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©  John Boothroyd ARPS

IoE Number: 483309
Photographer: John Boothroyd ARPS
Date Photographed: 30 April 2001
Date listed: 12 November 1952
Date of last amendment: 12 November 1953
Grade I

The Images of England website consists of images of listed buildings based on the statutory list as it was in 2001 and does not incorporate subsequent amendments to the list. For the statutory list and information on the current listed status of individual buildings please go to The National Heritage List for England.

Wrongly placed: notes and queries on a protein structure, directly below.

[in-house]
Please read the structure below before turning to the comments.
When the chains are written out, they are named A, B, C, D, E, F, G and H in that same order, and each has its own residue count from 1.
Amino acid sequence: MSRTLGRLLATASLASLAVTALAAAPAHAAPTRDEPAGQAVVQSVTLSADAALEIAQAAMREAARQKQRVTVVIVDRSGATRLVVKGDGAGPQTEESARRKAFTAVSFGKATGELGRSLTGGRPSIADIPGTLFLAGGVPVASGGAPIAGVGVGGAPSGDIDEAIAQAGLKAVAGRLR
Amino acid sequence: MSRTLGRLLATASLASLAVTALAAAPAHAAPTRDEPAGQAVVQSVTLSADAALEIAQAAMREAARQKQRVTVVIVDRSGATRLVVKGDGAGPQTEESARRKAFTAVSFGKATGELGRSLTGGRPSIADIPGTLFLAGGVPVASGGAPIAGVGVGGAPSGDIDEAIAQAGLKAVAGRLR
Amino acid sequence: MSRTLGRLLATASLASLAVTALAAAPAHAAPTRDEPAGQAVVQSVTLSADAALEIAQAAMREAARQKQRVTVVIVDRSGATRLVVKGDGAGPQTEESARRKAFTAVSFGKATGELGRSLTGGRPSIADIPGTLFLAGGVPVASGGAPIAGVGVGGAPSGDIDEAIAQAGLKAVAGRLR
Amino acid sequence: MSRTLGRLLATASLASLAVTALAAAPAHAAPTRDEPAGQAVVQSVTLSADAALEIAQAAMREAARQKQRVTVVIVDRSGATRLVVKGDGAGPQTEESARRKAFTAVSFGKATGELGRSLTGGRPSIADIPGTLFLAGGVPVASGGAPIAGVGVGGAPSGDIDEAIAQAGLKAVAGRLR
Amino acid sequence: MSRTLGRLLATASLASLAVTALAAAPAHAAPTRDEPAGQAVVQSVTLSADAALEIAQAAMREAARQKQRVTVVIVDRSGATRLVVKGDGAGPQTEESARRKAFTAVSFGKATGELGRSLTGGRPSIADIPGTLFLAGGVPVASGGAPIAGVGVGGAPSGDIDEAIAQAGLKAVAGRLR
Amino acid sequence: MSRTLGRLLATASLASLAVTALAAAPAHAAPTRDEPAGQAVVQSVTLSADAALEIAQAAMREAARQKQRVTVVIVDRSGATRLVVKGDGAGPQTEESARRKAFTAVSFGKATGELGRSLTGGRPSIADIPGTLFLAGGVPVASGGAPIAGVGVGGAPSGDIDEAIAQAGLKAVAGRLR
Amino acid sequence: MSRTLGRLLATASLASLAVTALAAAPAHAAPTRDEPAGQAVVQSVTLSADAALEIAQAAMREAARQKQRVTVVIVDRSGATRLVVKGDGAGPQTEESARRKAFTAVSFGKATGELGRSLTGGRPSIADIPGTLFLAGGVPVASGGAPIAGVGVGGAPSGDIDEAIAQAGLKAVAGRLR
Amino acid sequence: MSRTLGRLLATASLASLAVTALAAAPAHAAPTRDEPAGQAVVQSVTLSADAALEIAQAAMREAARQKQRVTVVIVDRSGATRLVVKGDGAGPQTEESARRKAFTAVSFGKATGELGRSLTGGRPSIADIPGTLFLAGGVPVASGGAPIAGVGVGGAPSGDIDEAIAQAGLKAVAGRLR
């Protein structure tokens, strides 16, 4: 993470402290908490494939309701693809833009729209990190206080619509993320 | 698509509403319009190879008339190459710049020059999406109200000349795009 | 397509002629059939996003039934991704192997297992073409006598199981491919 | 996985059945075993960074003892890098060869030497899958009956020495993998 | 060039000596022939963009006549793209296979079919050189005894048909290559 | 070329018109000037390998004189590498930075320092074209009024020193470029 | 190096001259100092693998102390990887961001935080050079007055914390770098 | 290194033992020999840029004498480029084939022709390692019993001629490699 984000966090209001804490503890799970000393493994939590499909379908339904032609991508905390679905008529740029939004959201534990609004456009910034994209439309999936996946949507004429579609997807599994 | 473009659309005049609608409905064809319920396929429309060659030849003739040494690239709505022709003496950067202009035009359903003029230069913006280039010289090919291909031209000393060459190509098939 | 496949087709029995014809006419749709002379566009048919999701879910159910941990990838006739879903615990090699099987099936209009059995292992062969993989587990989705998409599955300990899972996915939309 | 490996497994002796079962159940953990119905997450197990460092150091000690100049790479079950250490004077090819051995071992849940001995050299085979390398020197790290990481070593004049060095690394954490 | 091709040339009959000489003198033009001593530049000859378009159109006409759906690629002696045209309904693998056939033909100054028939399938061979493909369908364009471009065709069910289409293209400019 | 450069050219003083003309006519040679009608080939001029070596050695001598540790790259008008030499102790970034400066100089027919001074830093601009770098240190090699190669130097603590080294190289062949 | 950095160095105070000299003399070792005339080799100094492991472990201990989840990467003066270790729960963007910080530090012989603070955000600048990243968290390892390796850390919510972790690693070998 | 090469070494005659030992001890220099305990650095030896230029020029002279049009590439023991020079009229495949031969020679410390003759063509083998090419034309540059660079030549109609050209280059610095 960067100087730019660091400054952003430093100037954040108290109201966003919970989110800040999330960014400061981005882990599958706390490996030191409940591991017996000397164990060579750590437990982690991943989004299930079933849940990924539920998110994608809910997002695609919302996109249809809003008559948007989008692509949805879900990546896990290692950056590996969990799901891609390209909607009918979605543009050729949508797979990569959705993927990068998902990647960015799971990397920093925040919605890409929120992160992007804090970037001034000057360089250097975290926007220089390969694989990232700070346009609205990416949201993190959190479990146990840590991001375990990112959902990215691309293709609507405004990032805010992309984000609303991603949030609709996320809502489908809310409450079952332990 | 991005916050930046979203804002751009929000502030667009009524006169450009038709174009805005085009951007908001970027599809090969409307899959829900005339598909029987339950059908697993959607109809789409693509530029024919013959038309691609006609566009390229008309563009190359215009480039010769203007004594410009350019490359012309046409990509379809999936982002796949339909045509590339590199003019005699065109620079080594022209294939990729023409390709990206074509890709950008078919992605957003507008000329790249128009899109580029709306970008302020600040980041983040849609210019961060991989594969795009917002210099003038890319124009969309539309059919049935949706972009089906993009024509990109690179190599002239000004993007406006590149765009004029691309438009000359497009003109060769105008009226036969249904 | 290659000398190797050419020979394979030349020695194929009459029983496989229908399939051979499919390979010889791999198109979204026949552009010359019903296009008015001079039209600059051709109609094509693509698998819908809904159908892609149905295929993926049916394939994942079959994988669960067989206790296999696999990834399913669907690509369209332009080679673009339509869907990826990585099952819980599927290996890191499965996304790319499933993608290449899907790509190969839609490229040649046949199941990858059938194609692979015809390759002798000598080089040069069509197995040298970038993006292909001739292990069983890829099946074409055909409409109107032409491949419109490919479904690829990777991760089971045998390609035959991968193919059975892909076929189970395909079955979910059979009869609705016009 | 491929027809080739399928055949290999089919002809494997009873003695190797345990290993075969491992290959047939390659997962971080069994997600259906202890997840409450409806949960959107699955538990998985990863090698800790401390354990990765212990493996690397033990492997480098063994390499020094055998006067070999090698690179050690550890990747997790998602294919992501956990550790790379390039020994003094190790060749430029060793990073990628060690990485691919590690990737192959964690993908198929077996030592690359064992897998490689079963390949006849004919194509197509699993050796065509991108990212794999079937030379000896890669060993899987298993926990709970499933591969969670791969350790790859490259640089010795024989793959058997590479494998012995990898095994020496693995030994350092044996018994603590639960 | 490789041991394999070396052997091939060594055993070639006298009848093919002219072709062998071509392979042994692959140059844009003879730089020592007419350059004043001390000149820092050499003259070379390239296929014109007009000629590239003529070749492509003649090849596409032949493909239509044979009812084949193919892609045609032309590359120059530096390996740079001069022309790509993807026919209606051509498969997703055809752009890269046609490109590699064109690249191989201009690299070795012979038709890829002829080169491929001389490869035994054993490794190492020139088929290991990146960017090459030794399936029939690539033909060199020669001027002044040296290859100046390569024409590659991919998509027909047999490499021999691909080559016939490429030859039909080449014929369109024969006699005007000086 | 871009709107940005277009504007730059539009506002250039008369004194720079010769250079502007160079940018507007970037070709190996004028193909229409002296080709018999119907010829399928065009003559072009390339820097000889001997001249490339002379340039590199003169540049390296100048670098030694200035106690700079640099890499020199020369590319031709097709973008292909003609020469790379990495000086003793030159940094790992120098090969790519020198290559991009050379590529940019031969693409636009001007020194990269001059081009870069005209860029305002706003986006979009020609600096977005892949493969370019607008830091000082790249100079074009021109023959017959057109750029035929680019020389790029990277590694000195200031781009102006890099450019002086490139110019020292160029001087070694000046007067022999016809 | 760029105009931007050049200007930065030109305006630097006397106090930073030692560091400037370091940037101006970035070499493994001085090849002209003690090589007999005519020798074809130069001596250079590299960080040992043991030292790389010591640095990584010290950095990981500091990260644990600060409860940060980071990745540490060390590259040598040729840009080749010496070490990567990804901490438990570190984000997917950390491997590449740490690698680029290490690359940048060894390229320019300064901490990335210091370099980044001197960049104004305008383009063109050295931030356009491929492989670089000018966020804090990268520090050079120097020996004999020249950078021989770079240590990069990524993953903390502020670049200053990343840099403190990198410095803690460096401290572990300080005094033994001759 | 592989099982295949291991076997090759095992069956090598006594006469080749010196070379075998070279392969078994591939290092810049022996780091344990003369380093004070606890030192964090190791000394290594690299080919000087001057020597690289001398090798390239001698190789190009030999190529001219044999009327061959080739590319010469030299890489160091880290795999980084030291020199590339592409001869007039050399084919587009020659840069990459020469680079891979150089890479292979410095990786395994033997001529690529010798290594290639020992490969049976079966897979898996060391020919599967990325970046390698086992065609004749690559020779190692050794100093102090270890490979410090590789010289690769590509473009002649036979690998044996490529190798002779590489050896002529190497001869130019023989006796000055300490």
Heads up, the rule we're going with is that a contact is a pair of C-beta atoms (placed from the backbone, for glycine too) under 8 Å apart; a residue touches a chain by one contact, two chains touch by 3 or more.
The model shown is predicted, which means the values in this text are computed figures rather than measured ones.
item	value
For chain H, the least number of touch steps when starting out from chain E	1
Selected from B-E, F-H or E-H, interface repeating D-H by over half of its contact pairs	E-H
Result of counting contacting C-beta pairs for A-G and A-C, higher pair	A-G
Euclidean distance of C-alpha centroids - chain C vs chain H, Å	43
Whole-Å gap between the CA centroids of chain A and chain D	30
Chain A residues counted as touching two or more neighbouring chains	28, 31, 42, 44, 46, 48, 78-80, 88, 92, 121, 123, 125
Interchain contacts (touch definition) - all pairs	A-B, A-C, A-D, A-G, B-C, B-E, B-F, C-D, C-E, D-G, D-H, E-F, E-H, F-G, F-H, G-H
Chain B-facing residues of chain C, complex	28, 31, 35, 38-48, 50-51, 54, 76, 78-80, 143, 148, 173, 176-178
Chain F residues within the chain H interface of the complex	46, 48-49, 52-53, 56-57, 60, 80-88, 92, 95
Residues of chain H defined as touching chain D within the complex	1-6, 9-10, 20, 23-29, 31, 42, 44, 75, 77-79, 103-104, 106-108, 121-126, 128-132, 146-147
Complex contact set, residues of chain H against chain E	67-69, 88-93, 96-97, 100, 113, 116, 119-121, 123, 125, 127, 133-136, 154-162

WELLS ST5445 CATHEDRAL GREEN 662-1/7/38 (North side) 12/11/53 The Old Deanery GV I Former Deanery, now Diocesan Offices. C12 origins, largely rebuilt by Dean Gunthorpe in later C15 (in office 1472-98), remodelled and south range refenestrated by Dean Bathurst in late C17. Ashlar stonework with some rendering on east flank, Welsh slate roof behind parapets, ashlar chimney stacks. PLAN: gateway from north side of close enters outer court, with on the west side a square building of 4 ranges overlooking an inner court, now built over. Eastern hall range with porch and screens, subdivided into separate rooms in mid C17. Southern block overlooking close had important suite of rooms to first floor, defined by larger windows, with at each end a newel staircase housed in a turret. Dean Gunthorpe's personal suite was on the north side, on the first floor enclosed by a straight staircase enclosed at the western end (see Wood for further details). EXTERIOR: south front facing Cathedral Green of 2 storeys, 6 bays, mostly C15 with late C17 sash windows (very significant early surviving examples of their type) inserted. Plinth, parapet string with gargoyles and crenellated parapet with shields and Tudor Rose carvings on merlons, buttresses with 2 offsets between bays, and octagonal corner turrets on square bases, with panelled upper part and panelled conical roofs with finials, the sash windows large, with 15 panes and thick glazing bars, set in moulded architraves. East elevation to courtyard similar in character, but without buttresses, two storeys of 4 bays, with the rampart to the south end and a further 3-storey bay to north end, mostly set back. Ground-floor bays 1, 2 and 3 have ovolo-mould mullioned and transomd 3-light windows with varied leaded glazing, and above these are 15-pane sash windows with thick glazing bars and moulded stone architraves; bay 4 is a slightly projecting porch, with moulded 4 centred arch housing a C17 door, above which is a square recessed panel with an iron light bracket, then a transomd mullioned 2-light window, with an oculus set in the parapet gable; two 2-light windows in the south return; bay 5 to north end is a taller end gable, set back, with a 2-light mullioned window at second floor level set in an older opening, and a similar window set low at first floor level, projecting flat-roofed extension at ground floor level, with a 5-light mullioned and transomd window and an ornamented crenellated parapet. The west elevation continues the c1700 treatment of the south front, the north elevation almost entirely a selection of medieval work, with a tower to the north-west corner, in 5 bays. Bay 1 to NE elevation has a single 2-light transomd 4-centre-arched window to first floor, and a pair of sash windows set below and later doorways etc at lower ground floor level, then a massive projecting chimney breast, carried back into bay 1 at lower level; bay 2 has a 2-light window above and then a medieval style oriel window below, which may be c1750; bay 3 has two large 4-light windows, with a small 2-light to lower ground floor; bay 5 has another 2-light window at upper ground level. INTERIOR: the main hall is at first-floor level on the north side (now known as the Bradfield Room), and has a fine late C15 fireplace, its original screen, and an oriel on the south side with fan vault ceiling, now internal as the inner courtyard has been filled with rooms. Above is another major chamber, reputed to have been used by Henry VII on a 1497 visit. The major room on the south range first floor (now the main committee room) was panelled in the late C17 by Dean Bathurst (who had Oxford connections with Sir Christopher Wren), with broad coupled Ionic pilasters. Fine staircase to both of these major rooms, and many moulded beams and other features of medieval and late C17 date throughout the building. (The Buildings of England: Pevsner N: North Somerset and Bristol: London: 1958-: 317-319; Wood M: The English Medieval House: London: 1965-: 204-).

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